Agriculture at COP28: Outcomes and implications for Africa

Farmers and Traditional Producers at Al Waha Theatre, Expo City, Dubai at UNFCCC COP28, on December 10, 2023, (Photo by COP28 / Christophe Viseux, CC BY-NC-SA 2.0 DEED)

The African continent boasts vast agricultural potential and yet most countries are net food importers. For years agriculture has been a negotiation priority for many African states however progress at the COPs has been slow. At COP28, agriculture featured more prominently including within the UAE Declaration on Sustainable Agriculture, the Global Goal on Adaptation as well as the Global Stocktake. However, the failure to reach any agreement under the Joint Work on Implementation on Agriculture and Food Security was a missed opportunity.

The agricultural sector accounts for between 30 to 60% of gross domestic product, approximately 30% of the value of exports and is a source of employment for over two-thirds of Africa’s population. However, most African countries are currently net food importers with at least 82% of basic food imports coming from outside the continent. The region spent approximately $35 billion and $64.5 billion in 2015 and 2017 respectively on food imports, with the trend anticipated to rise to $110 billion by 2025 driven by rapid population growth, urbanization and limited cultivation. The continent boasts vast tracts of uncultivated arable land which has not been put to use, exacerbating poverty and food insecurity. For this reason, African governments have been looking to transform, amplify investment in and modernize the sector, to unlock its potential and to foster pathways for industrialization and sustainable economic development on the continent.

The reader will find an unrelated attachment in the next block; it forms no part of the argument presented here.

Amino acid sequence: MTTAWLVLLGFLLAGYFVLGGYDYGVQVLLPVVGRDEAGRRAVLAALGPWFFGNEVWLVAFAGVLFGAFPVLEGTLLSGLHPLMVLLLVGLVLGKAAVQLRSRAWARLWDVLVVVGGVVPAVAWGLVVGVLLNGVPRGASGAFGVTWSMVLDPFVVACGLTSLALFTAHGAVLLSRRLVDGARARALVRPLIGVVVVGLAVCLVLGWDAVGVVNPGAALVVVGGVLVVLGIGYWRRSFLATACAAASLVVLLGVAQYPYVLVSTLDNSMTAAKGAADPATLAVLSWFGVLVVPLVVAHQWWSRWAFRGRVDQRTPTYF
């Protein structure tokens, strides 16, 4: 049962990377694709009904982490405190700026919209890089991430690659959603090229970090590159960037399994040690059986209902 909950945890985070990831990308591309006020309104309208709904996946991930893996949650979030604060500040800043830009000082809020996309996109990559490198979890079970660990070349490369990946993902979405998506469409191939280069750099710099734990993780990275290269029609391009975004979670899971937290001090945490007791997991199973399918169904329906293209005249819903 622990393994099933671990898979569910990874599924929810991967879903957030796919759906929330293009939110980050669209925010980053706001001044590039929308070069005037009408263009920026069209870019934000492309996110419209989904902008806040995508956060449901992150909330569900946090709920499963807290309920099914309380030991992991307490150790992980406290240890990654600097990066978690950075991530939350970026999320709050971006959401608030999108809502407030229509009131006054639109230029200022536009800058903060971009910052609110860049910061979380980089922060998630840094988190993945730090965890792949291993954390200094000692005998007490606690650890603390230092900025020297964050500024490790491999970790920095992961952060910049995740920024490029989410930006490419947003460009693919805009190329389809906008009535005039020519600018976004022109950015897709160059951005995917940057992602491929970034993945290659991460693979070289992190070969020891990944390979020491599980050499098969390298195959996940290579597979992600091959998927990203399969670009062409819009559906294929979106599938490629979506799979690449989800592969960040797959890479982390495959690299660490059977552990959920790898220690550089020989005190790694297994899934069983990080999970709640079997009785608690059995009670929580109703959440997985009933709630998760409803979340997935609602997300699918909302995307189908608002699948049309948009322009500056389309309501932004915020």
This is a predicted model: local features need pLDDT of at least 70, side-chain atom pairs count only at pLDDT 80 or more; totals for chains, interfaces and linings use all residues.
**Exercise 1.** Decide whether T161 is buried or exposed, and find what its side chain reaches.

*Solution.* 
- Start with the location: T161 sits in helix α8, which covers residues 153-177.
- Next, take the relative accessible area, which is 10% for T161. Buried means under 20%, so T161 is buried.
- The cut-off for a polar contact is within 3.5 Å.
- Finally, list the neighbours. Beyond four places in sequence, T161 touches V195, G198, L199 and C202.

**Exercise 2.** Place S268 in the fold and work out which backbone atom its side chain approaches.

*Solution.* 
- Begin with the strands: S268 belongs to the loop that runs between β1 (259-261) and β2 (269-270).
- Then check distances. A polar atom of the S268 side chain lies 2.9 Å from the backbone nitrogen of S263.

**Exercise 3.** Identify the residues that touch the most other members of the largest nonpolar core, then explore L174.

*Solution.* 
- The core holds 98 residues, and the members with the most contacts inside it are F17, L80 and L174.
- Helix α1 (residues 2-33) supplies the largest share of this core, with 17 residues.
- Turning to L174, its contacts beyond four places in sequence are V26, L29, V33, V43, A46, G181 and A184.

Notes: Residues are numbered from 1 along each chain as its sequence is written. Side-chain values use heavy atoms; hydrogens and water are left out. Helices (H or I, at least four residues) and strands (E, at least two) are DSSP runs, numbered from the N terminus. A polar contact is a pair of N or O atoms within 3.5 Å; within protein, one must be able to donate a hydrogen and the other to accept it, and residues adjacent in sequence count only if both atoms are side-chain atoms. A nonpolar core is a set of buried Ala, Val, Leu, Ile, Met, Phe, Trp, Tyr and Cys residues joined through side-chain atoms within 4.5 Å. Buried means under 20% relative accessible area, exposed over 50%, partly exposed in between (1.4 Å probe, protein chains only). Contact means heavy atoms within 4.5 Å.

The agriculture sector in Africa is particularly vulnerable to climate change largely due to its low adaptive capacity and sensitivity to extreme weather events. Simultaneously, emissions from this sector represent a significant portion of the continent’s greenhouse gas emissions profile. For these reasons, climate-smart agriculture is a critical means to achieve food security whilst reducing emissions and enhancing resilience in Africa.

Agriculture and food systems have consistently been a priority and interest for the region and have featured prominently in African negotiations. African countries through their Nairobi Declaration during the inaugural Africa Climate Summit in September 2023 delivered consensus on a common interest and position that shaped the region’s negotiation position at COP28. One of the defining elements of the Declaration was for the region to redouble its efforts to boost agricultural yields through sustainable agricultural practices, to enhance food security while minimizing negative environmental impacts.